Thoughtbot’s Shoulda is a very nice piece of work. Their ActiveRecord macros are also a god-send:

1 should_protect_attributes :family_id, :debit_account_id, :credit_account_id, :created_at, :updated_at

This code will assert that ActiveRecord attributes are somehow protected (either though attr_accessible or attr_protected). But what about the reverse? There isn’t a macro to do that. I happened to need it, so I implemented it on my own fork of Shoulda.

This allows us to specify:

1 should_protect_attributes :family_id, :debit_account_id, :credit_account_id, :created_at, :updated_at
2 should_allow_attributes :family, :debit_account, :credit_account, :amount, :posted_on, :description

NOTE: Example taken from my family budget application.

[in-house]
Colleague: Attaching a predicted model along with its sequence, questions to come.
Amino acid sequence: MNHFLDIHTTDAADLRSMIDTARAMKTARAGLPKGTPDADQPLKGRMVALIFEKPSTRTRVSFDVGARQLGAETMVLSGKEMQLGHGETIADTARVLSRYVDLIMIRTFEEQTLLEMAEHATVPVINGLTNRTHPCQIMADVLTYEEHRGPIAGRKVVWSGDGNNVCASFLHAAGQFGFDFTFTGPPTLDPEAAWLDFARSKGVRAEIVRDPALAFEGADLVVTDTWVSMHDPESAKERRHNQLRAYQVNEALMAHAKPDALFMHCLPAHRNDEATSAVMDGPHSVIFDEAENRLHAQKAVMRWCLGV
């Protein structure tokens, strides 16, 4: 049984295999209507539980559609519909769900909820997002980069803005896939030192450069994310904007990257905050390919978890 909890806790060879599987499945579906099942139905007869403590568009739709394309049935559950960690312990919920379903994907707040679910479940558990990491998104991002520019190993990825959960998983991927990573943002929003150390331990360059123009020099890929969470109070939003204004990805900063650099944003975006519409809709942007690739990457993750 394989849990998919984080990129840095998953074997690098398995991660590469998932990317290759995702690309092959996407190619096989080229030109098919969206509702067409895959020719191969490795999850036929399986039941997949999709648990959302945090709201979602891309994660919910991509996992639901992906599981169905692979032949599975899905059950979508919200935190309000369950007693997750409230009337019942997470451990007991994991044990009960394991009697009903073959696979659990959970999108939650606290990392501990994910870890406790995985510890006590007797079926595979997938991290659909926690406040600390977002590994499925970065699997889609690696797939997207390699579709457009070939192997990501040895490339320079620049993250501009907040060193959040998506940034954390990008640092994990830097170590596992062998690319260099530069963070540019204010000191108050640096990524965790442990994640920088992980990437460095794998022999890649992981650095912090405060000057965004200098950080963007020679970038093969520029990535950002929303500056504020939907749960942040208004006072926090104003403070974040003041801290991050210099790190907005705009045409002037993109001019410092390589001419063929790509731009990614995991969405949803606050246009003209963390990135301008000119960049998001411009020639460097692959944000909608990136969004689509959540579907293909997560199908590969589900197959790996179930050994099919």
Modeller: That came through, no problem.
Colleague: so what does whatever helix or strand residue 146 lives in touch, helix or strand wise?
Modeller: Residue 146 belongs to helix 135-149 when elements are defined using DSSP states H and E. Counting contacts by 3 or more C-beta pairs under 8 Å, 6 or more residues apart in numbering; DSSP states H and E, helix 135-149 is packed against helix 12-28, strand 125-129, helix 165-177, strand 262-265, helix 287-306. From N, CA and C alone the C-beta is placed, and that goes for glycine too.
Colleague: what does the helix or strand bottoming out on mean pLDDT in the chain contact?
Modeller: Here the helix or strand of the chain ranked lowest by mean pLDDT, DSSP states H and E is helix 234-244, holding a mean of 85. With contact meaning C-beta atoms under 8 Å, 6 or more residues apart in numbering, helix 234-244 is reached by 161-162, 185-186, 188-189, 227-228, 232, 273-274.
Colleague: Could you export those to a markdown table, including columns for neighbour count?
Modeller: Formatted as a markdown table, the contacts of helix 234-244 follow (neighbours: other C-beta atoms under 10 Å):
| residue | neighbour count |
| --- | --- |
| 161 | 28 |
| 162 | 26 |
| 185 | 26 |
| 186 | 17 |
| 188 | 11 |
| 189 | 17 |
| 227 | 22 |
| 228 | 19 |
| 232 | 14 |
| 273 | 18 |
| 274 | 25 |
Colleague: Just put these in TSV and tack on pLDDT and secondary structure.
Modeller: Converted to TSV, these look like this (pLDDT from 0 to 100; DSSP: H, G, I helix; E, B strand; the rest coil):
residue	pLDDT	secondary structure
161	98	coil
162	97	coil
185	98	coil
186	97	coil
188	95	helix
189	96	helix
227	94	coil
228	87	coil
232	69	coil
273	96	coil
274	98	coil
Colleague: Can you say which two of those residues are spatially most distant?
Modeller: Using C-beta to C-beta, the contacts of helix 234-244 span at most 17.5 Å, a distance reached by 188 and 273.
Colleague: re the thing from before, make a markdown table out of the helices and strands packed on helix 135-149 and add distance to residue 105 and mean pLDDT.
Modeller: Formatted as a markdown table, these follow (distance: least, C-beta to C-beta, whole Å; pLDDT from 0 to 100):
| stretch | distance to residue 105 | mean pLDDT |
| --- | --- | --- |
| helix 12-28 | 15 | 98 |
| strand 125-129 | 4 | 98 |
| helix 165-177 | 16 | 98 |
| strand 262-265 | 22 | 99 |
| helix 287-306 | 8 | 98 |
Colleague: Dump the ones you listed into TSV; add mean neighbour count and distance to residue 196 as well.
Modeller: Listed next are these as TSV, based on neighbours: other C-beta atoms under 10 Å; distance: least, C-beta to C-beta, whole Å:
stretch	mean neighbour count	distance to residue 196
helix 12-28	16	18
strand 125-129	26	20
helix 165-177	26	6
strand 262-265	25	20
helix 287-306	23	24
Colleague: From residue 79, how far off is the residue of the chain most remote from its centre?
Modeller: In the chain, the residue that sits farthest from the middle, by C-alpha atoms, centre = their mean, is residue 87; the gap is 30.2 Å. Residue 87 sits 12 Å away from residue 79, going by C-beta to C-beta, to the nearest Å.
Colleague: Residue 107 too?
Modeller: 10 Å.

I was working on my family budget application and wanted to validate existing fixtures. I wrote the following:


1 module ValidationMacros
2 def self.included(base)
3 base.send :extend, ClassMethods
4 end
6 module ClassMethods
7 def should_have_valid_fixtures(klass=self)
8 should "have all valid fixtures" do
9"Test", "").constantize.all.each do |object|
10 assert object.valid?, "Fixture #{object.inspect} is invalid"
11 end
12 end
13 end
14 end
15 end
17 Test::Unit::TestCase.send :include, ValidationMacros
19 # Usage Example
20 class AccountTest < Test::Unit::TestCase
21 should_have_valid_fixtures
22 end
24 class StrangeNameTest < Test::Unit::TestCase
25 # Pass the ActiveRecord (or anything that respond_to?(:valid?)
26 # and respond_to?(:all)) class to validate against.
27 should_have_valid_fixtures Account
28 end

This might be interesting if you use fixtures.


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I am François Beausoleil, a Ruby on Rails and Scala developer. During the day, I work on Seevibes, a platform to measure social interactions related to TV shows. At night, I am interested many things. Read my biography.

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